Fraud Scams Targeting Seniors

How They Are Being Targeted and How to Prevent It

Deborah (Debby) Stern
Article
| 12/2/2019

According to the Canadian Department of Justice, approximately 10% of Canadian seniors are victims of consumer fraud each year. Seniors continue to be a rapidly increasing segment of the population targeted by con artists. In fact, financial scams targeting seniors have become so prevalent, that they are now considered to be “the crime of the 21st century.”

Common scams targeting seniors

1. Telemarketing/phone Scams

With no paper trail or face-to-face interaction, these scams are incredibly difficult to trace.

a. CRA (Canada Revenue Agency) Scam – Claiming to be with the CRA, the caller requests personal information such as a social insurance number OR makes threats of jail time for unpaid taxes often offering payment solutions with gift cards.
b. Bank Scam – Posing as a member of the fraud or security department of a bank, the scammer requests a cash withdrawal or transfer be made. In one such scam, the unsuspecting senior is asked to make a large cash withdrawal from their bank, package the funds and send them via courier to the scammer, oftentimes at an overseas address where it is virtually impossible to involve local authorities.
c. Credit Card Scam – Fraudsters steal your credit card account number, PIN and security code to make unauthorized transactions, without needing your physical credit card. They may pose as credit card issuers and call their victims offering lower interest rates or warning about potential fraud charges. While doing so, they ask for personal and financial information.
d. Tech Support Scam – Scammers convince their targets that they have a computer virus and ask for payment for tech support services for problems that doesn’t exist. Like with the CRA Scam, they often ask their targets to pay by money wire, gift cards, or money transfer apps because they know those types of payments are difficult to trace or reverse.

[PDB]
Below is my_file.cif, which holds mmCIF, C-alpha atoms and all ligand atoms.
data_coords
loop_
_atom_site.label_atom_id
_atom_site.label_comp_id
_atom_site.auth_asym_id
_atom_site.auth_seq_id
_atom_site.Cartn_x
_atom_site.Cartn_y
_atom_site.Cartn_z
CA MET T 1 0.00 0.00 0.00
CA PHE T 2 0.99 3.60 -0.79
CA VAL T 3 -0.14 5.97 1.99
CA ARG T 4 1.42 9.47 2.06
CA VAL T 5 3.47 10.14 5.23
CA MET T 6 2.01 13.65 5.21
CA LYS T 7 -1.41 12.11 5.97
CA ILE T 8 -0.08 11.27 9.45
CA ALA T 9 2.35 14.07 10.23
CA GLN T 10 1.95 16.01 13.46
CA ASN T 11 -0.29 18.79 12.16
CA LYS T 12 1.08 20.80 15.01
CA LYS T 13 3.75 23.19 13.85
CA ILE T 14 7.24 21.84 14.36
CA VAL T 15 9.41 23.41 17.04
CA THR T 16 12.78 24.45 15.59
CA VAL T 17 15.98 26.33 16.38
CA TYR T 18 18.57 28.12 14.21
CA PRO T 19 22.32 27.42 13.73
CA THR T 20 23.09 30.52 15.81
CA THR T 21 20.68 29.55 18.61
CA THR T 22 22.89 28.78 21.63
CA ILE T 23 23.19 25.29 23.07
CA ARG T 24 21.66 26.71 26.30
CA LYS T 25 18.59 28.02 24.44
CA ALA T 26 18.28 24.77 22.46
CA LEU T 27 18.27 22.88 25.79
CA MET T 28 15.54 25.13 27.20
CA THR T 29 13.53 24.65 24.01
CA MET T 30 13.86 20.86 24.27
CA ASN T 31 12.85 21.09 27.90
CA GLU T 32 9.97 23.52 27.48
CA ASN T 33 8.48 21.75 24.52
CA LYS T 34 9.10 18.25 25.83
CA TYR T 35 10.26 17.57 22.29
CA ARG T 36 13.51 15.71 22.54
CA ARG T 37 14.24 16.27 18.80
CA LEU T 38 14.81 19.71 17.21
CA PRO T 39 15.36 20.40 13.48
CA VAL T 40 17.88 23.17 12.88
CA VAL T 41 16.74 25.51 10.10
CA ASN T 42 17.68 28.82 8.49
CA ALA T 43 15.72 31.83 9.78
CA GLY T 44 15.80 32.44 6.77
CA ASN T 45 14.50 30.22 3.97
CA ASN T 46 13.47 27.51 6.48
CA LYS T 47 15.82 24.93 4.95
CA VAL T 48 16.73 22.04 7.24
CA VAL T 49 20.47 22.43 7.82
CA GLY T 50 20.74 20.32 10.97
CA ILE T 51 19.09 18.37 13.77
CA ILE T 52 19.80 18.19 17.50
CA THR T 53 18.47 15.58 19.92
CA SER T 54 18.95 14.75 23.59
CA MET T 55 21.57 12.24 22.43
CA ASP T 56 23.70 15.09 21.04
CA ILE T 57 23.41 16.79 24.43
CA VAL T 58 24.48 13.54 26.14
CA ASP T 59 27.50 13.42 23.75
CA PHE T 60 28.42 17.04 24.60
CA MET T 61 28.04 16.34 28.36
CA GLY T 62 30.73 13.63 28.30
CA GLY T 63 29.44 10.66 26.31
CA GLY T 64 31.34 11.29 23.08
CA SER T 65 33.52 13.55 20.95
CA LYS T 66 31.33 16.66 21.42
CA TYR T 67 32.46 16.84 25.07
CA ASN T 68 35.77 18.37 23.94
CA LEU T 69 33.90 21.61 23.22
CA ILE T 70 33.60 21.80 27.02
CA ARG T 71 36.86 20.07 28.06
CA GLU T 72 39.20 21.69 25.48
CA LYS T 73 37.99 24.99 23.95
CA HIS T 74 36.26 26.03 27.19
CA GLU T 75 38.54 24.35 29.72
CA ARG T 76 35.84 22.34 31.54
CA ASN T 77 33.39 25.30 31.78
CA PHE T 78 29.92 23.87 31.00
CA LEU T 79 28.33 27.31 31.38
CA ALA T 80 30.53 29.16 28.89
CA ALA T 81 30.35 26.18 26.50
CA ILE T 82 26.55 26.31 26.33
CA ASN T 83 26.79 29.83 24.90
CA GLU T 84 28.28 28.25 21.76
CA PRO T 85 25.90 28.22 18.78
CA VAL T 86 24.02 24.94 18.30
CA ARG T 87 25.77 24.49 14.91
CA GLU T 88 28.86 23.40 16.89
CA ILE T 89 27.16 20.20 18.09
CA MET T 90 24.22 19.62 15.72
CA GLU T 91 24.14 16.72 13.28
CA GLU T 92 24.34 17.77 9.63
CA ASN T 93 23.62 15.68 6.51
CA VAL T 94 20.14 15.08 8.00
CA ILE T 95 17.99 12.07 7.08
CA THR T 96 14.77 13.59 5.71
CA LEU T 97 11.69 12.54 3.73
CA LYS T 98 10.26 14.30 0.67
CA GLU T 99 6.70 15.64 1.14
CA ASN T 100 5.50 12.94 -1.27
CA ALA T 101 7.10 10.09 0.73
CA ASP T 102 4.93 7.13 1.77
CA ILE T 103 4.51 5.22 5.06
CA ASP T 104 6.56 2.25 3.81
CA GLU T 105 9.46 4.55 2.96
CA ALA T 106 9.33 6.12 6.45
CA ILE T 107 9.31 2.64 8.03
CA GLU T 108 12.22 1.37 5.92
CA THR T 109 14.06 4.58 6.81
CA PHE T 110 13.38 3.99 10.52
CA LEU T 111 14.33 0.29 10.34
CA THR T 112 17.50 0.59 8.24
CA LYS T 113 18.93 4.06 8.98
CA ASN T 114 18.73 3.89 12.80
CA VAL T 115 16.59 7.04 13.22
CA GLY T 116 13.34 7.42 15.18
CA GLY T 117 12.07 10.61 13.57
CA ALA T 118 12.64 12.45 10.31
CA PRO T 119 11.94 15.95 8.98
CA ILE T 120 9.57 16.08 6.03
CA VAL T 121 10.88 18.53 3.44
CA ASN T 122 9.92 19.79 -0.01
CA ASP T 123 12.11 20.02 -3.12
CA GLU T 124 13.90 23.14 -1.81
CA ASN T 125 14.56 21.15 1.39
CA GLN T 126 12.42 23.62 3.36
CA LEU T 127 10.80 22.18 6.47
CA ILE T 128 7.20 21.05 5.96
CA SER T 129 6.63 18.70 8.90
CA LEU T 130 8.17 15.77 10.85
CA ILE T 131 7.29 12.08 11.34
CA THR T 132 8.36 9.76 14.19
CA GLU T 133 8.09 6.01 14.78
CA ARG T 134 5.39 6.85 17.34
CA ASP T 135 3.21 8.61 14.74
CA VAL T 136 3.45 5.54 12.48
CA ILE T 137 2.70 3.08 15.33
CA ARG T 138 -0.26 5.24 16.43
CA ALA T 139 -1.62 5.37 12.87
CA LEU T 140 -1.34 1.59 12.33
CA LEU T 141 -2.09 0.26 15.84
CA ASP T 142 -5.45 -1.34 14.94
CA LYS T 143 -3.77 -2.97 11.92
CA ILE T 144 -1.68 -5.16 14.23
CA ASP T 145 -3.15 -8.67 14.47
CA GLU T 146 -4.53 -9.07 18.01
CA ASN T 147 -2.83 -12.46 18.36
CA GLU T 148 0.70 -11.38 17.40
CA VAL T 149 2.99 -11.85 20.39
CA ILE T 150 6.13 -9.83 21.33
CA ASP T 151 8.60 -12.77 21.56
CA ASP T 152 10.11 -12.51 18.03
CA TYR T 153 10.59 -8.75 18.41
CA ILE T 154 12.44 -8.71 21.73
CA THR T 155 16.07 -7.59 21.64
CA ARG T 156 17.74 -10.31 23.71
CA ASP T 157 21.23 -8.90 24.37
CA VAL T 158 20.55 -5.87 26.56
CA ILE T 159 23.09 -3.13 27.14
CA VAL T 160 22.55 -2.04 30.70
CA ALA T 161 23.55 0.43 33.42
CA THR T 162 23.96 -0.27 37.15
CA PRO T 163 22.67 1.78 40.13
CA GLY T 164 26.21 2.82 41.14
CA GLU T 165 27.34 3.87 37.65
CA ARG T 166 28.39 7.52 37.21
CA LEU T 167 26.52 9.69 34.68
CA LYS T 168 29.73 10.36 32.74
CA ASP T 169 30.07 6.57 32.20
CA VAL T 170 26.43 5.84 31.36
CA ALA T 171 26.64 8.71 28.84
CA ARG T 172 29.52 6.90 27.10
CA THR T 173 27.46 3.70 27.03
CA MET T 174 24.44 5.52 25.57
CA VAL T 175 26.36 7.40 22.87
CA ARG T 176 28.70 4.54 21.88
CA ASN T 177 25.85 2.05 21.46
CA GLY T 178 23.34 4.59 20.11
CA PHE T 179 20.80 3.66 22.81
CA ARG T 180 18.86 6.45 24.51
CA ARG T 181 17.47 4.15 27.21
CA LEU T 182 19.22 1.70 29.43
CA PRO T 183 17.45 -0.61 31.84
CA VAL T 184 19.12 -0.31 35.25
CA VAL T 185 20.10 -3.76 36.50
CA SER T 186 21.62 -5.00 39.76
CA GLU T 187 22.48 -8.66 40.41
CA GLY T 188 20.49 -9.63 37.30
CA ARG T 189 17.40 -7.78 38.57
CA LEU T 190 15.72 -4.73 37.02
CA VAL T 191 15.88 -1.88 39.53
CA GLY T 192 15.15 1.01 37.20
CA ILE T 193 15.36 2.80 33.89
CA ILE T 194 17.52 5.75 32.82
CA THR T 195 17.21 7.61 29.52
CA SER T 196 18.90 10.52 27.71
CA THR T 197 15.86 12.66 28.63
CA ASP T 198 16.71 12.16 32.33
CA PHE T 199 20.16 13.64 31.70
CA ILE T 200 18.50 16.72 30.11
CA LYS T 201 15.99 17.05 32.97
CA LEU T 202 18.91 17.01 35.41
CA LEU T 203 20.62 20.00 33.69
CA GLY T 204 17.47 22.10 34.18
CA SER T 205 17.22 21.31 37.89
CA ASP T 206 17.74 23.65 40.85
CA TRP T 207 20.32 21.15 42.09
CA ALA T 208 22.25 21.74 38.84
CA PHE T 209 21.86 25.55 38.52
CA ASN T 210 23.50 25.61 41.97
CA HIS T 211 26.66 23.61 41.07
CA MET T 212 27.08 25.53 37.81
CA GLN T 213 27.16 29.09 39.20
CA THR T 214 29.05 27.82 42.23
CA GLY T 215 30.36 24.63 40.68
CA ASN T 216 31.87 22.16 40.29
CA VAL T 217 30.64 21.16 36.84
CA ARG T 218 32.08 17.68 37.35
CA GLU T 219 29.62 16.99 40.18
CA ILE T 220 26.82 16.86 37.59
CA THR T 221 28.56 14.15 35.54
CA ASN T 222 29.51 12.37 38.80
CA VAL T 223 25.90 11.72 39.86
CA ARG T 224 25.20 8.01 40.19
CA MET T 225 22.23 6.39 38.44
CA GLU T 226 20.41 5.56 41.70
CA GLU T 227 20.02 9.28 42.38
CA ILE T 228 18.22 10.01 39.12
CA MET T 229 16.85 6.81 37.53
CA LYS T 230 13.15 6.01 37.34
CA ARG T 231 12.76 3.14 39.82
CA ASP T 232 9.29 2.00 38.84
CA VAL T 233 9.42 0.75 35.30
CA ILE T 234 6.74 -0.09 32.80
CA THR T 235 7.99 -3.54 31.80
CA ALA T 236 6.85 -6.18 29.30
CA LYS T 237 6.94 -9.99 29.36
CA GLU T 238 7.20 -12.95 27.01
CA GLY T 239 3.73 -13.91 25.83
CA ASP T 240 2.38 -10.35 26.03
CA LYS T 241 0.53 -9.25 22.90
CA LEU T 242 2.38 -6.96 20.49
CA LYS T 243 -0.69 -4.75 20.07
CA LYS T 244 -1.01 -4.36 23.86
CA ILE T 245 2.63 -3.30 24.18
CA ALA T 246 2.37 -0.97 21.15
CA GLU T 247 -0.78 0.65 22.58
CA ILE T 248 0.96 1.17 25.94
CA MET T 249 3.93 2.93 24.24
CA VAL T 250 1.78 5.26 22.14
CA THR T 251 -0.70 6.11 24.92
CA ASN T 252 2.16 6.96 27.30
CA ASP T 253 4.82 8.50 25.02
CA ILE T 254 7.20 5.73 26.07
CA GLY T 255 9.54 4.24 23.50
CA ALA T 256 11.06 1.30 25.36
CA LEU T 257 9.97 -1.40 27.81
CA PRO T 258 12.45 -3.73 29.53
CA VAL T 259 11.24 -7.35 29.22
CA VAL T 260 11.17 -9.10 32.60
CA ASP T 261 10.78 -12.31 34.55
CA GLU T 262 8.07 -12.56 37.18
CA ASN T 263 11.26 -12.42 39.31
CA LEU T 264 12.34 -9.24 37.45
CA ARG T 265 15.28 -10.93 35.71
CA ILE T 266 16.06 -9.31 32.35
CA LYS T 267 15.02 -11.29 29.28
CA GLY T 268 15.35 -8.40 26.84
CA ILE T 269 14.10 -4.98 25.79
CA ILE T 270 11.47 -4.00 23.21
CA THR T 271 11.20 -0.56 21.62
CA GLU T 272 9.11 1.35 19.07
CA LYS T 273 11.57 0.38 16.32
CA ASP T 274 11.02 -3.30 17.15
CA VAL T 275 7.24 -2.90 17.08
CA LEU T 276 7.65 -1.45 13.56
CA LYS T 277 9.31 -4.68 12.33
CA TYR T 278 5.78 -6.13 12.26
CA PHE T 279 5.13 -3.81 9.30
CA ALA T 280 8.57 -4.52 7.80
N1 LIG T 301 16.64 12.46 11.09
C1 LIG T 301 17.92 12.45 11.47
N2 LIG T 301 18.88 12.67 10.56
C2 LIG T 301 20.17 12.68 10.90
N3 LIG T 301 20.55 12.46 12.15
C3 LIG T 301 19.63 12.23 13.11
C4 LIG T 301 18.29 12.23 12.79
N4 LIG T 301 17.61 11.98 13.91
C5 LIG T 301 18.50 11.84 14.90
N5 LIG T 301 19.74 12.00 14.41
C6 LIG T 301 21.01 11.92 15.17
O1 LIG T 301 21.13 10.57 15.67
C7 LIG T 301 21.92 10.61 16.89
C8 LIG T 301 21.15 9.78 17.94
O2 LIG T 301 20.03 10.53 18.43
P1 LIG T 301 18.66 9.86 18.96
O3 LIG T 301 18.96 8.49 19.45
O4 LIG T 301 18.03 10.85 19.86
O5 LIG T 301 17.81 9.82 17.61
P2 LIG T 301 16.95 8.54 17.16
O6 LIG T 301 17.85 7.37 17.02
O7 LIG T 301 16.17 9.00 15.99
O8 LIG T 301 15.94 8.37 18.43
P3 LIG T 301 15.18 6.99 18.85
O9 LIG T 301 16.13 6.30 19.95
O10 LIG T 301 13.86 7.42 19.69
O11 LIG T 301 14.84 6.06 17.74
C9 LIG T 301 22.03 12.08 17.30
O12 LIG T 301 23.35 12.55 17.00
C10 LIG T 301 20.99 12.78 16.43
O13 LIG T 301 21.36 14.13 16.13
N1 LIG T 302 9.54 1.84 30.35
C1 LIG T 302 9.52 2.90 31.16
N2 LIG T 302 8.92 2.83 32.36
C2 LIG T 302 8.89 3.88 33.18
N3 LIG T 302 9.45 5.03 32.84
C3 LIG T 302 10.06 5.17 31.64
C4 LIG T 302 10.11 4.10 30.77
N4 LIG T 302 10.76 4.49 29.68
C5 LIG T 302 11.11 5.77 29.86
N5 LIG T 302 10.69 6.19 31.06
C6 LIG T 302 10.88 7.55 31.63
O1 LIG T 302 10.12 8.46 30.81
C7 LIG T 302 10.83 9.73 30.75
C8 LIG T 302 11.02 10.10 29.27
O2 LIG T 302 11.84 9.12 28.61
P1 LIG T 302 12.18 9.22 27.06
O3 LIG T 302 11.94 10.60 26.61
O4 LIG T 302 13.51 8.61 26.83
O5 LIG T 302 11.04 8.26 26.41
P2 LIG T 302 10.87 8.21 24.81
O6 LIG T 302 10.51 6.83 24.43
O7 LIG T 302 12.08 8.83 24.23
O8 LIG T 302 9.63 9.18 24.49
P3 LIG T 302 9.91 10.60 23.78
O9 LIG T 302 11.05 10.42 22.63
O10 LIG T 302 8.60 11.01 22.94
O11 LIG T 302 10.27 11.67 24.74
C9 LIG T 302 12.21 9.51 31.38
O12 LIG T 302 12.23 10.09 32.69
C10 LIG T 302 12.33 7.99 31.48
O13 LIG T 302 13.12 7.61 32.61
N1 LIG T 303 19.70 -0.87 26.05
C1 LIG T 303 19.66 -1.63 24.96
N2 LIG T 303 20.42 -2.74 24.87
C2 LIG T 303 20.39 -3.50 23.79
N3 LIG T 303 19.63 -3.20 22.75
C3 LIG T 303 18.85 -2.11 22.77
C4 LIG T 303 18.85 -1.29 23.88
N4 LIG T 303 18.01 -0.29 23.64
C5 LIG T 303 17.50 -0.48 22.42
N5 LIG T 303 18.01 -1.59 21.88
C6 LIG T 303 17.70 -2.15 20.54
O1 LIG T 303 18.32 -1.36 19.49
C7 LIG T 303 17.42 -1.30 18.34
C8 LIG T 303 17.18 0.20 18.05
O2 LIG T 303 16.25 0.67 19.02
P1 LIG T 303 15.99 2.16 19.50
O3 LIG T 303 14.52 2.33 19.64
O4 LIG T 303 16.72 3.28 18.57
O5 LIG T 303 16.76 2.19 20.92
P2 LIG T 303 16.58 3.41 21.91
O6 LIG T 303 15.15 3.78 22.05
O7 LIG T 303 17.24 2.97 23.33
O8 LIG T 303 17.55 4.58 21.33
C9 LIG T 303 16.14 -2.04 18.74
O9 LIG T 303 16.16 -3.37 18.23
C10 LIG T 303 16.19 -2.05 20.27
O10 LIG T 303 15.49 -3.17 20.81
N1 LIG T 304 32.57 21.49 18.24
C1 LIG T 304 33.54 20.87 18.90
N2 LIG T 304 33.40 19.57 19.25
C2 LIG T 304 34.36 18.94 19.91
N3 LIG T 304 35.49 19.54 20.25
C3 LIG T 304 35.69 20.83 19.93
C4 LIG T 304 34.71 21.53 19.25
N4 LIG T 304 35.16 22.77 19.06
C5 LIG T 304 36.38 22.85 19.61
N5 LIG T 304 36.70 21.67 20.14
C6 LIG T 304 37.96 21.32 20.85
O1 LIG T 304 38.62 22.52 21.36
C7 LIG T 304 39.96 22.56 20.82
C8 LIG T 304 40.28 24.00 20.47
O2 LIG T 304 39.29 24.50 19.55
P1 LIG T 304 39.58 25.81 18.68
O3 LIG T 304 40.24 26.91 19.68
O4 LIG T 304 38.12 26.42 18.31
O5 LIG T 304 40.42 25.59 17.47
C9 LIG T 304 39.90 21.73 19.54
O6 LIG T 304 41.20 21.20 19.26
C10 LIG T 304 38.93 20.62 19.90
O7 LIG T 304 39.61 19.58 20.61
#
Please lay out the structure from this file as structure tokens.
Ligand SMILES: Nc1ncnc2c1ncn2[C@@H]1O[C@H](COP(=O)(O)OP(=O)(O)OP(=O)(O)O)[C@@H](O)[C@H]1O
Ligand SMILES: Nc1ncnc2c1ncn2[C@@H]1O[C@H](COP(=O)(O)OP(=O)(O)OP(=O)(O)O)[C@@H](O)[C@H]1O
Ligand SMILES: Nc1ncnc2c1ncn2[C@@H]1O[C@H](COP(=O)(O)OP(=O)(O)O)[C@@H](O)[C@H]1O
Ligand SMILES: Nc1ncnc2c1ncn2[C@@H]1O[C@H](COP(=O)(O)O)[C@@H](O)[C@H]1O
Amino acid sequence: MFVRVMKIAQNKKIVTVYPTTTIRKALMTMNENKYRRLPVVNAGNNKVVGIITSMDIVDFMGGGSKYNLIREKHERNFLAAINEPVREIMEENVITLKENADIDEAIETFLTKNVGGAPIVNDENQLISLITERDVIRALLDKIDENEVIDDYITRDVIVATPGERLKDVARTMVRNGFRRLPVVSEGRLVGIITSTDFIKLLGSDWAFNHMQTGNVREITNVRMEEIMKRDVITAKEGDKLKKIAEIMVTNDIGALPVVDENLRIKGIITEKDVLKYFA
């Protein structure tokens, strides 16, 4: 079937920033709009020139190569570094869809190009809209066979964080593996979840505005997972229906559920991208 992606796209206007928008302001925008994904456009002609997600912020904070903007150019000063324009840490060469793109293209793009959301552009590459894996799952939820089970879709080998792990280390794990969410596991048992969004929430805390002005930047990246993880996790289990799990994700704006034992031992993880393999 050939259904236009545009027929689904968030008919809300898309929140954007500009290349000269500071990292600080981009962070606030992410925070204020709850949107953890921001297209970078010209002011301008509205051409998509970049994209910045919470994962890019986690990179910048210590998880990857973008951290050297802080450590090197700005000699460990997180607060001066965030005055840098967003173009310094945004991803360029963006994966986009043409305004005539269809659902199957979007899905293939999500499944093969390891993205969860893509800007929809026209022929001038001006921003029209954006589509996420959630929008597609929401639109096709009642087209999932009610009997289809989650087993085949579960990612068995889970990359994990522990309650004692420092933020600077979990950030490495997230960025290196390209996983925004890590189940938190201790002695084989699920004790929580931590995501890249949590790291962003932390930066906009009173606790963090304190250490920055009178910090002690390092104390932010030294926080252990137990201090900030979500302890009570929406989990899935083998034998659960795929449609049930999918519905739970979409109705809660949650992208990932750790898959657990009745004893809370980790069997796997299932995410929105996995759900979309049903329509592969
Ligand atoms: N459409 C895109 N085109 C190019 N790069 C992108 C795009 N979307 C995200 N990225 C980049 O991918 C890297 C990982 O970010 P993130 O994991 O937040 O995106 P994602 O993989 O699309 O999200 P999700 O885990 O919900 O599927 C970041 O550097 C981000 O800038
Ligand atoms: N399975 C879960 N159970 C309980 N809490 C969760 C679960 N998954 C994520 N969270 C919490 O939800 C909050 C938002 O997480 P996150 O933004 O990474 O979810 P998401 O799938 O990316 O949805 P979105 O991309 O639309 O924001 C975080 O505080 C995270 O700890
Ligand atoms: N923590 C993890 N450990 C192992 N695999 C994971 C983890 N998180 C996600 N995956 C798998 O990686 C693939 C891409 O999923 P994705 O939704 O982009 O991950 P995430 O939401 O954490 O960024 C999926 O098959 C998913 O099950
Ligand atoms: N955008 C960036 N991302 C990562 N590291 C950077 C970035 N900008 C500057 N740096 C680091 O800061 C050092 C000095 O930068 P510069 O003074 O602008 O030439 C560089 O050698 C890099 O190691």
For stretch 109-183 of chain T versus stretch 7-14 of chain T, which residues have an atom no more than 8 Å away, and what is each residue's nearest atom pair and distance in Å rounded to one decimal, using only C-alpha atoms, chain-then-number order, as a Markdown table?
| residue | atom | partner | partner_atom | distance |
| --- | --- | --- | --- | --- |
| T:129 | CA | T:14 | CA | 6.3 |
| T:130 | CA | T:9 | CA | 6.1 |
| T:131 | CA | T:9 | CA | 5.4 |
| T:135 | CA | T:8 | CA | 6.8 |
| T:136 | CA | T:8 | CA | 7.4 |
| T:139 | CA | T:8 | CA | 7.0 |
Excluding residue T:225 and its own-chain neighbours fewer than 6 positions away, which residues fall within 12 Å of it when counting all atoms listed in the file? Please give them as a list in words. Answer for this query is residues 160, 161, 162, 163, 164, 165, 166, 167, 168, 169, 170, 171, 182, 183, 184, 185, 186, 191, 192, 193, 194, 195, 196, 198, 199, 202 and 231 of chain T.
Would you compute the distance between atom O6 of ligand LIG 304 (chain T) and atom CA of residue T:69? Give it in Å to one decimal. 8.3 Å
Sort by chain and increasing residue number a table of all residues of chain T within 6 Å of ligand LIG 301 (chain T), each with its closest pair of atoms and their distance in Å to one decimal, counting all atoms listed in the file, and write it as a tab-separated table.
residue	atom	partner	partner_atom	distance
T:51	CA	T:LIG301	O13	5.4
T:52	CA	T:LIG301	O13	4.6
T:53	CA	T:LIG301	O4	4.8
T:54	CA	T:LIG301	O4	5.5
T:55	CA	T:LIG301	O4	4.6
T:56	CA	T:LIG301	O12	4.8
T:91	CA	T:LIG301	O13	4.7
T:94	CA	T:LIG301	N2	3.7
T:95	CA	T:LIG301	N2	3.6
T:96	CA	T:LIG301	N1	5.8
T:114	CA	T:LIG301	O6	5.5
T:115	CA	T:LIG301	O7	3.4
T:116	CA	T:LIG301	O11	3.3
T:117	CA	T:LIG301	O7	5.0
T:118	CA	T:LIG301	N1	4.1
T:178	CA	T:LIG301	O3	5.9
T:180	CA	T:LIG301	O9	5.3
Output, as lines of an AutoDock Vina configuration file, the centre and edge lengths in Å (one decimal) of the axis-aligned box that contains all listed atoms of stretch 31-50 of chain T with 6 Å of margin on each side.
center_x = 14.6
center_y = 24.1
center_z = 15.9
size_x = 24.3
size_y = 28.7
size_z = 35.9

2. Fake Emergency Ploy

The con artist gets the victim to wire or send money on the pretext that the person’s child or another relative is in the hospital and needs the money. Again, they will often ask for payment to be wired as it is difficult to trace.

3. Inheritance Scam

The con artist tells the individual that he/she has inherited a large sum of money and is willing to split the inheritance if the victim will pay the “fee” required to release the funds. Often, a second con artist is involved, posing as a lawyer, banker, or some other stranger in a “position of trust.”

4. Online Car Purchase Scam

A seller posts a vehicle for sale below market price, “for a friend who is desperate for the money” and then convinces the victim to leave a deposit so the car can be taken off the market. Once they have the deposit, they are never heard back from again. Whenever the price is too-good-to-be-true, it is often a huge red flag.

What you can do to reduce the risk of becoming a victim.

  • Don't answer calls from unknown numbers. If you answer such a call, hang up immediately.
  • You may not be able to tell right away if an incoming call is spoofed. Be aware: Caller ID showing a "local" number does not necessarily mean it is a local caller.
  • Never give out personal information such as account numbers, social insurance numbers, mother's maiden names, passwords or other identifying information in response to unexpected calls, emails or if you are at all suspicious. Remember, a legitimate organization will never demand secrecy.
  • If you get an inquiry from someone who says they represent a company or a government agency, hang up and call the phone number on your account statement, or on the company's or government agency's website to verify the authenticity of the request. You will usually get a written statement in the mail before you get a phone call from a legitimate source, particularly if the caller is asking for a payment.
  • Use caution if you are being pressured for information immediately. Speak to your children, your accountant (in the case of CRA scams) or other trusted individuals before taking any action. 
  • Talk to your phone service provider about call blocking tools they may have and check into apps that you can download to your mobile device to block unwanted calls.

If you suspect you or a loved one have been the victim of a scam…

Don’t be afraid or embarrassed to talk about it with someone you trust. Police reports suggest that scammers will re-target the same victims repeatedly with different scams, so communication is key.

This article has been prepared for the general information of our clients. Please note that this publication should not be considered a substitute for personalized advice related to your situation.


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Debby Stern
Deborah (Debby) Stern
Partner, Audit & Advisory
Deborah Stern CPA Professional Corporation